It sounds so strange that people are shaking their heads in disbelief. The police, bank employees, and the public alike are asking themselves, "How could this happen?" Here is another account of truth that is stranger than fiction. In a nutshell, WSAZ television reports the following:
"Three robberies at one Portsmouth (Ohio) bank are likely related. That word from detectives with the Portsmouth, Ohio Police Department.
"The Charter One Bank on 6th Street was robbed just before 10 Monday morning.
"The same bank was held up on December 11 and on the 22.
"In all three robberies the suspects used the drive-thru window.
"Detectives tell WSAZ.com, the same getaway car was used in the robberies, and the description of the two suspects appear to be the same.
"Investigators also say they got some good leads following Monday’s robbery, and are now following up on those leads.
"Dispatchers say in Monday’s robbery the suspects claimed they had a bomb. (The same threat used by the criminals in the other two recent robberies.)
"The men are described to be in their early 20's driving a white Berretta. Police say the vehicle was beat up and had paint missing from the hood and the roof." ("Bank Drive-Thru Robbed for Third Time in One Month," WSAZ www.wsaz.com/news, December 27 2010)
Now, one surely questions the intelligence of the same robbers using the same vehicle and the same modus operandi successfully to hit the same location within a couple of weeks. It doesn't sound as if these fellows are master criminals by any stretch of the imagination, maybe more like a couple of characters from the Apple Dumpling Gang. And yet the robberies occurred without a hitch. Someone must be doing something right, or are security measures tight enough? Maybe the suggestions that follow could provide some help.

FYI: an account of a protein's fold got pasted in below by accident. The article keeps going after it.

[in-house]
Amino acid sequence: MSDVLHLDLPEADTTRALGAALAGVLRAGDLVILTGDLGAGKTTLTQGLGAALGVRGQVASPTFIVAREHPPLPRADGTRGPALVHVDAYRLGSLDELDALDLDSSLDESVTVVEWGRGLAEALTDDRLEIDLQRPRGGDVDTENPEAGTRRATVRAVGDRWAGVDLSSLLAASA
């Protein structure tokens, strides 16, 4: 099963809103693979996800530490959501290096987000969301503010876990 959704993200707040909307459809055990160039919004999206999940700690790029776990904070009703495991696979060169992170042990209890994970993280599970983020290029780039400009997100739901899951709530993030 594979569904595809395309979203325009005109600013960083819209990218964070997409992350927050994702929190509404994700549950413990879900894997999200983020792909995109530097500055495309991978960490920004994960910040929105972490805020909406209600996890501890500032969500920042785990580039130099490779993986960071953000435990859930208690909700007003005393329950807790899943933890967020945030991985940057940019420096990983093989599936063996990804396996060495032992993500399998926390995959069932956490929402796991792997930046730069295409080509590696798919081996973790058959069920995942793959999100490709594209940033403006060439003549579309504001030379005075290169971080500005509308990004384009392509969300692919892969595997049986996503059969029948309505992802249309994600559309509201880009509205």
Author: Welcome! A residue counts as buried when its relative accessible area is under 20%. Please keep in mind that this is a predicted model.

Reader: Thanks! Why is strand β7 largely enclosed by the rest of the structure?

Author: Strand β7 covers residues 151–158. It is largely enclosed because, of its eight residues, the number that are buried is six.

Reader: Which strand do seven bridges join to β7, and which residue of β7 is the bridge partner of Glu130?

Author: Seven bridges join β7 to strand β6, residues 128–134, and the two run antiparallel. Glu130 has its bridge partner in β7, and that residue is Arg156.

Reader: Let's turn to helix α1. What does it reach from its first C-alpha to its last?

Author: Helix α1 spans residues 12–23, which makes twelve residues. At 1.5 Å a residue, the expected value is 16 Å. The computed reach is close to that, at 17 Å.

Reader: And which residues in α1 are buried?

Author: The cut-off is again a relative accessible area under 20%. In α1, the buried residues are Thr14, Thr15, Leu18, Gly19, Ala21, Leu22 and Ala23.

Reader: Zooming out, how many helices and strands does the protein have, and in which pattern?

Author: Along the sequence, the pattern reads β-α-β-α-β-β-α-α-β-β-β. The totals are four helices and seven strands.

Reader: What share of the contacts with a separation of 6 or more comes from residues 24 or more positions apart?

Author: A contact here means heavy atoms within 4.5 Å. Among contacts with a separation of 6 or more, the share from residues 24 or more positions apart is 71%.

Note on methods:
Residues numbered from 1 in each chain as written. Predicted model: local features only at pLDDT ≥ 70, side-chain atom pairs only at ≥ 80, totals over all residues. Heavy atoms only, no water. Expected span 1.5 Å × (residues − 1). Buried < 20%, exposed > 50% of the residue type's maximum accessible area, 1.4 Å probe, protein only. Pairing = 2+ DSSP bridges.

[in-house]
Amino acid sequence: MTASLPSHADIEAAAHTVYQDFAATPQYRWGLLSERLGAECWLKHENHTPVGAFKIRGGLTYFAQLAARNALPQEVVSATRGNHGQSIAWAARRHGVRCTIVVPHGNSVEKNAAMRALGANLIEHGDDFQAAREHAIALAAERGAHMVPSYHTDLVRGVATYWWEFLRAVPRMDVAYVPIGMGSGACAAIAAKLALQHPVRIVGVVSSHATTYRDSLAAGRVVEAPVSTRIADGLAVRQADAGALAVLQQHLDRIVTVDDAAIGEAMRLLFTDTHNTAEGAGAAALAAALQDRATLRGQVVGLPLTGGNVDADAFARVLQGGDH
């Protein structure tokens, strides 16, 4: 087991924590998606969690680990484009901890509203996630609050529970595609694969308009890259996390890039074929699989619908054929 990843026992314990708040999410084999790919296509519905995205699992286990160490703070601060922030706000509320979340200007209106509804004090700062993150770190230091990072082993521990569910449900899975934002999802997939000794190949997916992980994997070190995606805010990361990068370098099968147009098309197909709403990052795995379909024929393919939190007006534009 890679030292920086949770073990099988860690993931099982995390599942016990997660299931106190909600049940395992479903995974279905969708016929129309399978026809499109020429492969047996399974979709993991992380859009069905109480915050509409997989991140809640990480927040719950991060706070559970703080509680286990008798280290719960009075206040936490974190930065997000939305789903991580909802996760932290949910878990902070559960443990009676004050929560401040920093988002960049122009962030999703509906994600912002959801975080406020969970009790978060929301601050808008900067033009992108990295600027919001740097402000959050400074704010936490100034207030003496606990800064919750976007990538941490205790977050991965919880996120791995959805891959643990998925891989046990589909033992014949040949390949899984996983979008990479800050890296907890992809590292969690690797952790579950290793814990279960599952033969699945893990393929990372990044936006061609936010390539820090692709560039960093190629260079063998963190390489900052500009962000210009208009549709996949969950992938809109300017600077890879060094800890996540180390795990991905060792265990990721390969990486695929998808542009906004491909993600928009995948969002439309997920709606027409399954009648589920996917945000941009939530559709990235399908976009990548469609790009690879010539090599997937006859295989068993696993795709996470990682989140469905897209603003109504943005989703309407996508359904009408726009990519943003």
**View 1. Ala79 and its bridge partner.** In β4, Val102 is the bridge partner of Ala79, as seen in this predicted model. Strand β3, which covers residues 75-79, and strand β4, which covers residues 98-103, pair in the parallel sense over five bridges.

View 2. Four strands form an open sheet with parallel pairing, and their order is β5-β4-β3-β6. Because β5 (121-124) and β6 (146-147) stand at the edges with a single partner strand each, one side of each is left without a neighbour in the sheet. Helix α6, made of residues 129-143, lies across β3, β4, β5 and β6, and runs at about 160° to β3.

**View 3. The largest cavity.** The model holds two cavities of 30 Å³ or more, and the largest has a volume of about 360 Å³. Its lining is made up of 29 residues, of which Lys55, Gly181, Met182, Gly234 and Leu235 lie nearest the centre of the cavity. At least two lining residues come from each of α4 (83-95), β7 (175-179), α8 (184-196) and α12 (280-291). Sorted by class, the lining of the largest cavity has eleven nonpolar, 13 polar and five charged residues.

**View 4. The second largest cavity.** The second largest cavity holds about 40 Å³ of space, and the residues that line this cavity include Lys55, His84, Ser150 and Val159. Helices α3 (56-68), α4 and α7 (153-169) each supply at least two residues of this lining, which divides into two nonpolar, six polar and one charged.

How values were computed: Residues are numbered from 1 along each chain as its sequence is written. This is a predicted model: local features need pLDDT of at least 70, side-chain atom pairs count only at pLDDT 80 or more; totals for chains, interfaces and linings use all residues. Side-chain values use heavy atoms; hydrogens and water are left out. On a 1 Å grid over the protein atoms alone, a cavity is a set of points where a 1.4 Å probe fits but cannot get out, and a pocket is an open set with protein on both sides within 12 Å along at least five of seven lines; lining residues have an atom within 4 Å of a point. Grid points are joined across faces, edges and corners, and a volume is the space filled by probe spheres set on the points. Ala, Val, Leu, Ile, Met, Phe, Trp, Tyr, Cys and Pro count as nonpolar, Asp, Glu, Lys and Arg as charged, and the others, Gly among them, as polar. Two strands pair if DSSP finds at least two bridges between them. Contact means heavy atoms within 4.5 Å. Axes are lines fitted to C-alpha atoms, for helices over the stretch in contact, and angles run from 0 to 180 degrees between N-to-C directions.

It Might Cost a Little, But...
How about a stolen bill or a stolen money bag implanted with a GPS tracking device? Microchips are so slim that they can be hidden in special packs of currency. Real time GPS tracking is available. These GPS devices receive information from GPS satellites in space. Once received, the information is transmitted back to a user, who can view the information. Two popular ways the GPS tracking device transmits location information is via a digital cellular network or via satellite.
Why not limit access to drive through stations? Access to bank areas can be limited with keys, entry cards, or other special identification systems. In addition, any special access to contact areas can be overridden by bank employees when they deem entry may be necessary.
Drive-thru window lanes could be electronically gated at the key access. Notification of denial of admittance to cloaked or disguised drivers could accompany close-up camera recording at the gate. In other words, no car would be admitted into the teller window area until drivers were keyed and photographed. Both of these safety devices offer evidence if security fails.